Many organizations simply have not had the time to attend to defining the values and policies within which volunteering takes place. Given the current situation wherein everyone is trying to do more and more with less and less, this is understandable. Yet, this is an area must be attended to. This is not to say that policies will resolve all problems and eliminate all hazards. However, policy development and implementation will go a long way to reduce the dangers and risks which currently exist in the field of volunteering.
There are many other good reasons to define policies for volunteer programs. Here are some examples:
- All organizations make policy decisions regularly. They just do not call them policies, and they often do not write them down. So, writing your policies can be a simple matter of formalizing decisions which have already been made.
- Writing decisions in the form of policies and distributing them to paid and volunteer staff can lend them greater import and perhaps better ensure compliance.
- Many policies are developed because of crises or problems. When something goes wrong, it becomes apparent that a position or policy is needed, either to decide what to do now, or to prevent the situation from recurring. So policies determine action and set boundaries beyond which one cannot go.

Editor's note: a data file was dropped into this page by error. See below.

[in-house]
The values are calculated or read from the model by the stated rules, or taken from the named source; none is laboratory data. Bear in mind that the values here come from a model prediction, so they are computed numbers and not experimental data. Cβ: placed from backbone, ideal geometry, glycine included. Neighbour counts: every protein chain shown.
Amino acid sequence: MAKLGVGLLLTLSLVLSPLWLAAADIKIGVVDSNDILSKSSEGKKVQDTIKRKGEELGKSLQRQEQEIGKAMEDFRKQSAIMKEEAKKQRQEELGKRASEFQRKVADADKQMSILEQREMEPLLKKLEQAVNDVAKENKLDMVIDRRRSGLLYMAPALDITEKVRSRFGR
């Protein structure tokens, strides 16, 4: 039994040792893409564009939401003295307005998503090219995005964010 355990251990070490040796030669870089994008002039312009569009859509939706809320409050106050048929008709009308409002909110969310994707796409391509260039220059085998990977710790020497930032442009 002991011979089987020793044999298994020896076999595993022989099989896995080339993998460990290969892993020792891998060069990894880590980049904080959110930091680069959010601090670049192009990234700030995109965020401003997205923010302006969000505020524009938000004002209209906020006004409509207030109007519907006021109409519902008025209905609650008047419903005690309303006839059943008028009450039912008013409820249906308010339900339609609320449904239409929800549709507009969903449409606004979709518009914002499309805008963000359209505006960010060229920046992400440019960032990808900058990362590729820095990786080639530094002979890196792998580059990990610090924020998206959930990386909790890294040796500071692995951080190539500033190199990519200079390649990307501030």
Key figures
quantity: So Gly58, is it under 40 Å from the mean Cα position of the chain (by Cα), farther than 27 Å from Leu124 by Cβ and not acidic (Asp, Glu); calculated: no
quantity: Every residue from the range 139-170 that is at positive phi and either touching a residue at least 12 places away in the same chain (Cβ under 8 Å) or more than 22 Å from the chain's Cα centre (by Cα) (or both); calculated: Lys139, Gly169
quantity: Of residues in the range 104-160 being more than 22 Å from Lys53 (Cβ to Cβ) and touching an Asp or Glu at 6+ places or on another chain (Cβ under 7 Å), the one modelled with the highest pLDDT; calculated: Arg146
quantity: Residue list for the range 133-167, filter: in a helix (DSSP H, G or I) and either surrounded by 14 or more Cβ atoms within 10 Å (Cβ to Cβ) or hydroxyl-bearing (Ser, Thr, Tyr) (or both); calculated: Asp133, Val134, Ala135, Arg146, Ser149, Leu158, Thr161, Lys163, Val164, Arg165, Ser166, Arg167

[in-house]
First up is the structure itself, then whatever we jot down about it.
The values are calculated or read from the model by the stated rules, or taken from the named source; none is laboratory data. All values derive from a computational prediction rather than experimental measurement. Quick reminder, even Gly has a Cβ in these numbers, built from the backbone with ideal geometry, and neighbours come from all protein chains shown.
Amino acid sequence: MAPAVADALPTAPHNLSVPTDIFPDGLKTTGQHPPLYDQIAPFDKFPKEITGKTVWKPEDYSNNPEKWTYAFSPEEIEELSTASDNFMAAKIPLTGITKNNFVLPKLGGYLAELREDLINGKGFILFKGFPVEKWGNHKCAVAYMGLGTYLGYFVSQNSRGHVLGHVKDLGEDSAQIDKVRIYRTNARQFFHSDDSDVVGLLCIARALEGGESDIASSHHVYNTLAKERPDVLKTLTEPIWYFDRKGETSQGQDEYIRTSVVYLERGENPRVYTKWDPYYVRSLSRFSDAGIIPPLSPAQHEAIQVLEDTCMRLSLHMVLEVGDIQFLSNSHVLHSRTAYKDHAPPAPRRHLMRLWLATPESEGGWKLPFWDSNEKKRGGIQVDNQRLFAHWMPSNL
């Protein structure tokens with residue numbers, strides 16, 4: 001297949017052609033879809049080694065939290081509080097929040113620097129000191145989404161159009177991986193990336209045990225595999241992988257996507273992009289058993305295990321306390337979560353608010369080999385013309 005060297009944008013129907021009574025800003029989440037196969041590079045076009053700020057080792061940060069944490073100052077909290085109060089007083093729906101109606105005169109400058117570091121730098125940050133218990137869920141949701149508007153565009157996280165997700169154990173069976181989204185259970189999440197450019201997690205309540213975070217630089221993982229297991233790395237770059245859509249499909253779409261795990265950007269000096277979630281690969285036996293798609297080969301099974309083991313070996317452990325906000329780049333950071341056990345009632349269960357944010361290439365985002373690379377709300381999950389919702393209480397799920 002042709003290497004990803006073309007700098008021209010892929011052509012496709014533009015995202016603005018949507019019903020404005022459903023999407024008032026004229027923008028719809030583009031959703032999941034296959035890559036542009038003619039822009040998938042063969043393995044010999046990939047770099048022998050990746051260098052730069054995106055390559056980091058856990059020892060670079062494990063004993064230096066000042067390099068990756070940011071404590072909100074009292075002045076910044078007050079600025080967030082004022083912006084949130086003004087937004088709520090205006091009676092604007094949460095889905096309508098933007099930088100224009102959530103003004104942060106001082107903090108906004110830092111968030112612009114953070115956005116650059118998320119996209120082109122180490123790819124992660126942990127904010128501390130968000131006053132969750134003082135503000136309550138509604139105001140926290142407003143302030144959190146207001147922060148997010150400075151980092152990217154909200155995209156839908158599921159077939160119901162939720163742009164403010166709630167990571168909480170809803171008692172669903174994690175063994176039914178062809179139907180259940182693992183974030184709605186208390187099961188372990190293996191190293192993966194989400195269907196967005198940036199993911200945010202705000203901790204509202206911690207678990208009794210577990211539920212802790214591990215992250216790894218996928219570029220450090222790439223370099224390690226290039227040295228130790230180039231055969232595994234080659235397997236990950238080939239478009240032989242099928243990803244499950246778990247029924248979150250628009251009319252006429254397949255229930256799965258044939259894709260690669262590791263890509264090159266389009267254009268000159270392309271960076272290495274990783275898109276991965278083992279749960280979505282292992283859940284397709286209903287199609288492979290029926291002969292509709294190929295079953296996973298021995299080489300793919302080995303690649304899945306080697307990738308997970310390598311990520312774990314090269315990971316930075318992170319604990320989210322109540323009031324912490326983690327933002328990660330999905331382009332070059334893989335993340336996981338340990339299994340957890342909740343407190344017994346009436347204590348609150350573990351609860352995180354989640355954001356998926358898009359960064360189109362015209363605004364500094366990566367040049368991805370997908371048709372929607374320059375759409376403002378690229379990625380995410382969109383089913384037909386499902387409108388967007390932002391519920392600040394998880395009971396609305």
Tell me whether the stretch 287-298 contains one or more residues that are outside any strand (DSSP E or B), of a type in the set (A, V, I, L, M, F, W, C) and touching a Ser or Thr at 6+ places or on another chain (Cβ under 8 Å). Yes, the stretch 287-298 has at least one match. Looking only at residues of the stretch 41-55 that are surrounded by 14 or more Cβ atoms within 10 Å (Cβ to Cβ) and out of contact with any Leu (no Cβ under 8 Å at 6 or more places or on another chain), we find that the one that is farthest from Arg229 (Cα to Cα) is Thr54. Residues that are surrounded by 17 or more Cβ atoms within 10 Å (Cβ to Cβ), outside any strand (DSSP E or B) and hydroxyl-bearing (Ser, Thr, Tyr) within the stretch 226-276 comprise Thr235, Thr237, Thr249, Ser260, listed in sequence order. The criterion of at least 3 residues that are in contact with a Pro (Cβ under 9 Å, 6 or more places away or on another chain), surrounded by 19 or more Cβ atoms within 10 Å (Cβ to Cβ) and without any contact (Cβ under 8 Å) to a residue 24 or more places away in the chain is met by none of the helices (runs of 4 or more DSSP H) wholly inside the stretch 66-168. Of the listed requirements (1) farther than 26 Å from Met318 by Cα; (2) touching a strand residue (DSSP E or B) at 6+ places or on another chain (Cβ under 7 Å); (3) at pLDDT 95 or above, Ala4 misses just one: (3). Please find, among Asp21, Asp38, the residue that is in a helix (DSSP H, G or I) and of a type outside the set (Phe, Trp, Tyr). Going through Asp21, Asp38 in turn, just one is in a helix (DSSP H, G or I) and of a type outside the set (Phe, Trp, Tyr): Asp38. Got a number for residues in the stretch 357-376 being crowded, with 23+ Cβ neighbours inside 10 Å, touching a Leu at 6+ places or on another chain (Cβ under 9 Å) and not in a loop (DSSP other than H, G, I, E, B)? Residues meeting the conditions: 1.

- Policies clarify responsibilities and define lines of communication and accountability.
- Policies provide a structure for sound management. Since they often identify the 'what' and sometimes even the 'how,' they can bring about program improvements and increase effectiveness.
- Policies ensure continuity over time and from staff to staff. In this sense, policies endure. They promote equity and standardization.
- Policies establish values, beliefs and directions for volunteer involvement. They connect the volunteer program to the larger organization and its mission.
- Policies can be a source of pride and satisfaction for managers of volunteers in a well-run program. They articulate the importance of volunteers and form an important, concrete, ongoing element of volunteer recognition. Policies thereby contribute to increased volunteer satisfaction and productiveness, and enhance volunteer retention.
Principles of sound and professional volunteer program management are equally important. In fact, policies and good management inform and support one another. Both are critical to successful, responsible, and safe voluntary action.
Types of Policies
In looking at the benefits of policies, and in considering the various definitions and descriptions of policies outlined above, four general purposes or types of policies emerge as central to our work in volunteer programs:
- policy as a statement of belief/position/value
- policy as a method of risk management
- policy as a rule
- policy as an aid to program effectiveness